Information about the Bank of England’s research project to identify financial risk associated with the United Kingdom leaving the European Union was accidently sent to a journalist at The Guardian. Could an effective Data Loss Prevention (DLP) strategy have stopped this breach in its tracks?
DLP is about making sure users do not send confidential or classified information outside the corporate network and is largely driven by a combination of threats from inside businesses and legal duties to protect personal data. The key questions asked are:
- Where is the data located?
- Who has access to the data?
- How is the data being used?
- How can we prevent it from being lost or stolen?
It has not been suggested that details of Project Bookend were intentionally leaked to the media, nor that the breach was in any way at all malevolent. However, with the right policies and systems in place, both accidental and malicious data losses are preventable.
An effective DLP solution would include:
- Specific files or project directories identified as confidential and subjected to monitoring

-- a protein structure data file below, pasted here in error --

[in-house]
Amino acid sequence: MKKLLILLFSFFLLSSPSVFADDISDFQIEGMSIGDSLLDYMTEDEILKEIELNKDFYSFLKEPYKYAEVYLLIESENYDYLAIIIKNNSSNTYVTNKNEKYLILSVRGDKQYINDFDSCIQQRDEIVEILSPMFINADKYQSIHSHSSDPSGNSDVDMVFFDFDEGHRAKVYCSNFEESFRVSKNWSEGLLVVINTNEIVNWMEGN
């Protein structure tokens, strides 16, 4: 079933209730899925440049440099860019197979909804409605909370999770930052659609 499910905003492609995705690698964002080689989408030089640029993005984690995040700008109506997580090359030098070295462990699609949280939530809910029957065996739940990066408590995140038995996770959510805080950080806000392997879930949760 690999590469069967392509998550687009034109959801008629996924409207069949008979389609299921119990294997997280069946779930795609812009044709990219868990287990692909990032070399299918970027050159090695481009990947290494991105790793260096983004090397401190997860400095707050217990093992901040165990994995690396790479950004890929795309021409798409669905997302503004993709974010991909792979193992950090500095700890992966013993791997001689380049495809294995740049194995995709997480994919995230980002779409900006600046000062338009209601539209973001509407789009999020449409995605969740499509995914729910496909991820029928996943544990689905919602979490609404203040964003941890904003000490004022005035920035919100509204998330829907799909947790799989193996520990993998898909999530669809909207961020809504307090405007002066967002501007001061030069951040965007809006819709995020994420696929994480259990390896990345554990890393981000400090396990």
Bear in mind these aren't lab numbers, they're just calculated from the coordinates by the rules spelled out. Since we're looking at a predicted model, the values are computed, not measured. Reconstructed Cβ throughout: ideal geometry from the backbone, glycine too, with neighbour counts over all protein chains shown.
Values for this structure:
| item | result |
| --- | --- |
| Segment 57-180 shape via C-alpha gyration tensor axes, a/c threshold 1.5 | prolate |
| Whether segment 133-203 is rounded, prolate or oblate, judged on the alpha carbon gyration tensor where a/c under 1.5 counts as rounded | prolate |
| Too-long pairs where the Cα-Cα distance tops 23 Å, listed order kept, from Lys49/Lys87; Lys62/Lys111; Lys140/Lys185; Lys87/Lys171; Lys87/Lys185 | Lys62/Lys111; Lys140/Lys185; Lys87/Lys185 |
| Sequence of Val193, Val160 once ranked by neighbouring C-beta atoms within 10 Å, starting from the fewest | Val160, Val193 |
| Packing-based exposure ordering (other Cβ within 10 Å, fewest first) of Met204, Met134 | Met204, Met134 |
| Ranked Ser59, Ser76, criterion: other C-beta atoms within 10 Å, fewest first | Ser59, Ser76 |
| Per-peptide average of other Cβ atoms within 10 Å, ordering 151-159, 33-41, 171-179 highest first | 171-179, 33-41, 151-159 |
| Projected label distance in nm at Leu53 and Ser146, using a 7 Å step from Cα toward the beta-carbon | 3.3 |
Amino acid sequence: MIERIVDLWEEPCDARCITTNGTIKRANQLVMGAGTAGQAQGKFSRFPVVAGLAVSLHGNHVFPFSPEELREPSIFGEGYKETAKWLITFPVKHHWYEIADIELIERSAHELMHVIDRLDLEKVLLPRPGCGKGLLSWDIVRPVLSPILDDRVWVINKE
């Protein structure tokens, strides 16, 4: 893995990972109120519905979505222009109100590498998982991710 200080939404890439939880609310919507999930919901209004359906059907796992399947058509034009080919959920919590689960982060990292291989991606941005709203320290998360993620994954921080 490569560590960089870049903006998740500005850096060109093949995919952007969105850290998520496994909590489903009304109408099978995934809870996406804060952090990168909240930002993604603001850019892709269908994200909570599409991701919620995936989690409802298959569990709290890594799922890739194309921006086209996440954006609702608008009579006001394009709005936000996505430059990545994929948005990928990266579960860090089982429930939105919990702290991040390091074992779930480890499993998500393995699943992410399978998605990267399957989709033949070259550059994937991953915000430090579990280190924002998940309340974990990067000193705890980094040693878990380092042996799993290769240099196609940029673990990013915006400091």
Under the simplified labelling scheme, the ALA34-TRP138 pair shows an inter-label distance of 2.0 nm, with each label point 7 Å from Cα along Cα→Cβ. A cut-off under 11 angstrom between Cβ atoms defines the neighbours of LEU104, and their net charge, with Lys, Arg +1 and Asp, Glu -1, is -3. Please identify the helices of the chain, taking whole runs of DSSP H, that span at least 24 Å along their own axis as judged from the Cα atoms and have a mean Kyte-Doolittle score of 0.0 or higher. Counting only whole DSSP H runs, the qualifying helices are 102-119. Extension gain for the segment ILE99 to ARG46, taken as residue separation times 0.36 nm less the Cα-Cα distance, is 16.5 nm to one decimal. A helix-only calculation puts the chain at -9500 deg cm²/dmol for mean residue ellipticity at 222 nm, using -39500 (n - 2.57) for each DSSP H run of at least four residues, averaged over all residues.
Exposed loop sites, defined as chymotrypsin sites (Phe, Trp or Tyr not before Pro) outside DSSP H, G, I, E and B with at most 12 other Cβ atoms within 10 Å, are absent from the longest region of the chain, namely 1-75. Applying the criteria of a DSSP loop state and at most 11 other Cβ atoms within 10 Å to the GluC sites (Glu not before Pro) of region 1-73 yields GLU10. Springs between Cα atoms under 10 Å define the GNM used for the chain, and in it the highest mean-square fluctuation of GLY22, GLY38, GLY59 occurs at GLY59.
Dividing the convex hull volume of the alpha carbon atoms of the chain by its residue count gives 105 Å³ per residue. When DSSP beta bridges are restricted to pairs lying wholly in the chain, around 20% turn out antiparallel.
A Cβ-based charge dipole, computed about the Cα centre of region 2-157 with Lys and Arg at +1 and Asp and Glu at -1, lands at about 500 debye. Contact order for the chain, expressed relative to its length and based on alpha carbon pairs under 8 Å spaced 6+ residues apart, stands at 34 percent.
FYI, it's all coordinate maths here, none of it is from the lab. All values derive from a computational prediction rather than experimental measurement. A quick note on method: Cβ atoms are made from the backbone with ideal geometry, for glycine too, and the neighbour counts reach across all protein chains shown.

- Network and endpoint monitoring to track access, data transfer or writing files to USB devices. Also, detection of uploads to social media sites or file storage services such as Dropbox.
- Specific profiling of data defined such as bank account numbers, National Insurance numbers, insurance policy numbers, post codes or credit card numbers
- Networks and endpoint monitoring to track data transfers of files containing profiled data structures allowing for cases where confidential data has been added to other files which would not normally attract attention
- Integration with email services and other network protocols to intercept and block the transmission of data where attachments contain content that matches the defined profile of confidential data
In the case of the Bank of England, data pertaining to Project Bookend could have been classified as confidential and tracked internally. An attempt to send the files outside the perimeter would trigger interception of the email and prevent it from being transmitted; essentially a quarantine of the entire email along with any attachments for further investigation by an Information Security analyst.